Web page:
There is no easy way to summate Sydney Pollack's career as a director. Fans never associated his name with any one category of movies, as Woo is known for action, Ford for westerns, and Hitchcock for suspense. In his 1994 appearance on Inside the Actors Studio, he was asked by James Lipton to pinpoint a common thread in his work. He paused a moment before replying, "Everything I've ever directed has been a love story at its core." The rule doesn't apply to every film he directed, but it demonstrates how much ground he could cover with a simple theme. He used the love story nucleus to great effect in the taut political thriller Three Days of the Condor, the downbeat but powerful Depression drama They Shoot Horses, Don't They?, and the sweeping epic Out of Africa, for which he won the Best Director Oscar.

He began his career as an actor after studying under Sanford Meisner at the Neighborhood Playhouse in New York from 1952 to 1954. Pollack soon decided that he lacked the looks to be a successful actor and, after receiving encouragement from his friend Burt Lancaster, transitioned to directing in the early 60s. His acting background proved useful in his approach, as he consistently elicited first-rate performances from his actors, 12 of whom received Academy Award nominations for their performances under his direction, and two of them (Gig Young and Jessica Lange) won Oscars.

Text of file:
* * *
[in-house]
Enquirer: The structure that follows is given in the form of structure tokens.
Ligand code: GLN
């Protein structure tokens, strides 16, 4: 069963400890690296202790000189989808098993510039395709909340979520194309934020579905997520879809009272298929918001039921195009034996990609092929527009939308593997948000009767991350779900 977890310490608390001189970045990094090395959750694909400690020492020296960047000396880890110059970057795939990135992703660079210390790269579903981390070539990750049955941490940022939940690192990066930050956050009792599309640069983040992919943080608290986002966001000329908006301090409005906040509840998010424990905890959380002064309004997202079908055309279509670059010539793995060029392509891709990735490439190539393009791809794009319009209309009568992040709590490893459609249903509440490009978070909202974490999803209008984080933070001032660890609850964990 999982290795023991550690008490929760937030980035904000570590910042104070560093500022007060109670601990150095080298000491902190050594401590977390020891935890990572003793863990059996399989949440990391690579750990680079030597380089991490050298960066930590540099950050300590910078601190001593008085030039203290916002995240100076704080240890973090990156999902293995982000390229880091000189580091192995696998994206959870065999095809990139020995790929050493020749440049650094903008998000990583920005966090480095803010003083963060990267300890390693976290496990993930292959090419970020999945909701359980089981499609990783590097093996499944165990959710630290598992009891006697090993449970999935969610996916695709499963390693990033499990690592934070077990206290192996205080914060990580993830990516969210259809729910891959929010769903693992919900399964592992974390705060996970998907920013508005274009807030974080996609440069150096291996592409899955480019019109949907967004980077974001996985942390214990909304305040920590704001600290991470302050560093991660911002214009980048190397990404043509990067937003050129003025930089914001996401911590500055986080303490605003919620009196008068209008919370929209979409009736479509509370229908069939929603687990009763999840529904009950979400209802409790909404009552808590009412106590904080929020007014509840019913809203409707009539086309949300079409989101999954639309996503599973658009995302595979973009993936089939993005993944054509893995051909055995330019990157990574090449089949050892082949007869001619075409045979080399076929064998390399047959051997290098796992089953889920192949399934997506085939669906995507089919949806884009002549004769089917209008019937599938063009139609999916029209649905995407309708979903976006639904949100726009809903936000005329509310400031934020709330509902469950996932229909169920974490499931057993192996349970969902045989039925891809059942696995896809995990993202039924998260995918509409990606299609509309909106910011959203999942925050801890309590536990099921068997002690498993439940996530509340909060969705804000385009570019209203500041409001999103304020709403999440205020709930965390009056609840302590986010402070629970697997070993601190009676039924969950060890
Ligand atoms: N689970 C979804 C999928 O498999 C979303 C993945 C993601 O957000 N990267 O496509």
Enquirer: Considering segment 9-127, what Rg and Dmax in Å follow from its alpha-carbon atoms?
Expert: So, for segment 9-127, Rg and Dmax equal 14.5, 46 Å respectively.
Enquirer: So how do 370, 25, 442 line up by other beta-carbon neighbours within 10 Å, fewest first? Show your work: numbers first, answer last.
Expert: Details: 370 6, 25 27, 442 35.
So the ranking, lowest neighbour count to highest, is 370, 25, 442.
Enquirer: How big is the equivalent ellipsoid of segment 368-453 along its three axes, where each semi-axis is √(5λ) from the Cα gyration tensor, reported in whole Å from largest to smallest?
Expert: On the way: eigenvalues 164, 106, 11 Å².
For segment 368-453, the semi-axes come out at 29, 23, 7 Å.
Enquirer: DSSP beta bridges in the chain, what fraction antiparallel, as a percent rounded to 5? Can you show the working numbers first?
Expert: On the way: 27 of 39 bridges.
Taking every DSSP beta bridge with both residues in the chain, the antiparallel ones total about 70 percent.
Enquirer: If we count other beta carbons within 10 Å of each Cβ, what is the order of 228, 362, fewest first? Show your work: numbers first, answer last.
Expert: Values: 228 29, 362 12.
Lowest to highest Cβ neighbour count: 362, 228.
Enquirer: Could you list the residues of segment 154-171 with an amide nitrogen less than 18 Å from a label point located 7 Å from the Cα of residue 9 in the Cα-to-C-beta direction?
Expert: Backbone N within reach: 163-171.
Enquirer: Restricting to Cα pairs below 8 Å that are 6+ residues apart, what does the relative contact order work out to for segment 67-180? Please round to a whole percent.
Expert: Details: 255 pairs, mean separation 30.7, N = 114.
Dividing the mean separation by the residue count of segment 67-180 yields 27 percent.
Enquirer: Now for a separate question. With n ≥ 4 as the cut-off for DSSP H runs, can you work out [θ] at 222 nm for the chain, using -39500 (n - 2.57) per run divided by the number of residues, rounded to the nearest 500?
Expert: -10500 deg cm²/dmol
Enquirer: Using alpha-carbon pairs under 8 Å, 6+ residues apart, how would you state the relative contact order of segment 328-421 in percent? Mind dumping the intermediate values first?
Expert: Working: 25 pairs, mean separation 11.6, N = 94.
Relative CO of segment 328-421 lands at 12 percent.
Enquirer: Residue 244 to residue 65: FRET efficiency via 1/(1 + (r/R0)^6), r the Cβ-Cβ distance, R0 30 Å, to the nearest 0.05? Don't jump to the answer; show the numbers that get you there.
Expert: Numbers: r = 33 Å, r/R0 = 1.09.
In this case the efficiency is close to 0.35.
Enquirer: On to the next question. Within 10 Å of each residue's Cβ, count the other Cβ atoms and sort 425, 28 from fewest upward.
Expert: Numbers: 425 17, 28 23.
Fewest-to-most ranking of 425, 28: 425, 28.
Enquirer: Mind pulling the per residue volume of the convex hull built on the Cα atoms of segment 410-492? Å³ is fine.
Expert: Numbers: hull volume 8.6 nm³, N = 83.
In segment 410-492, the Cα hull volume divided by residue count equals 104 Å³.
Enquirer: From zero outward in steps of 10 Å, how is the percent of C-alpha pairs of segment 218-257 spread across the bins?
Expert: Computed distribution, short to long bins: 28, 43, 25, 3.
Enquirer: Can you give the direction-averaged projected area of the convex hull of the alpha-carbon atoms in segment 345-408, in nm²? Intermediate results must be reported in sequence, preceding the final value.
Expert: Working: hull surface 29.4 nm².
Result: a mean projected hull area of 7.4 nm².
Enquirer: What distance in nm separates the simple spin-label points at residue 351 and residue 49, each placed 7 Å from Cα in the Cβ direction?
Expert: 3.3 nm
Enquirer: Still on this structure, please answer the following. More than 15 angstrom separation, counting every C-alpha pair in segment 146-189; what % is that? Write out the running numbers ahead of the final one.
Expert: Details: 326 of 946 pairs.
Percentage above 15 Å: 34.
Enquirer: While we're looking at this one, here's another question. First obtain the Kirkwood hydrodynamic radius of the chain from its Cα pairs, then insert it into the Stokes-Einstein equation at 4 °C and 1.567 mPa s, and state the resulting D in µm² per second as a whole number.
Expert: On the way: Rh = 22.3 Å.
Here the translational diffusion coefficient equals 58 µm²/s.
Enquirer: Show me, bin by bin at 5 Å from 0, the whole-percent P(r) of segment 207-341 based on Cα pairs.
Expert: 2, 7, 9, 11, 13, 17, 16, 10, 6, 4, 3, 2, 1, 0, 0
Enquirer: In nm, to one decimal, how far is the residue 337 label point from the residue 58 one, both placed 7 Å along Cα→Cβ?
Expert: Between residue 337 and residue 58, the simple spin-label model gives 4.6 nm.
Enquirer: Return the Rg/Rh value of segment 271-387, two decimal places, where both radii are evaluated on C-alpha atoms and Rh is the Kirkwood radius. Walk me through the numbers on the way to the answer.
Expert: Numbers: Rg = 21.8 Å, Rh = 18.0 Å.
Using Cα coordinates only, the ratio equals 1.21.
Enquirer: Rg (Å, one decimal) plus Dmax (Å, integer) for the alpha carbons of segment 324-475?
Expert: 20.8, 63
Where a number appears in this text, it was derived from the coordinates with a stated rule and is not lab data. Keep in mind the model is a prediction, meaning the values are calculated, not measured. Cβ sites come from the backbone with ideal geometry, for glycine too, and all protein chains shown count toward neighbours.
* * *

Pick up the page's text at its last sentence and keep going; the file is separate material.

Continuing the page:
Despite turning his back on acting in his mid-twenties, Sydney never walked away from the craft altogether. As he proved on many occasions, he was a fine actor in his own right. Whenever he acted in his own films, as he did in The Interpreter, Random Hearts, and Tootsie, he played his roles as if he were cast in another director's film. Anyone who has ever directed a movie (or even a stage play) can tell you, that is a task that is not easily accomplished. Too often, when directors tackle vanity projects that place them on both sides of the camera, they shift the focus toward their own presence and away from the theme of the story, and lack the presence of mind to objectively direct their own performances. The Postman stands out in my mind as the most egregious example of this mistake, as Kevin Costner let his ego run wild in cooking up a turkey so abysmal, it nearly ruined his career. The Man Without a Face also suffers from this drawback, but not as badly. Robert De Niro struck the perfect balance with A Bronx Tale and The Good Shepherd, but I digress. Pollack never lost his place in the pecking order, and that evident self-awareness always came through in his work.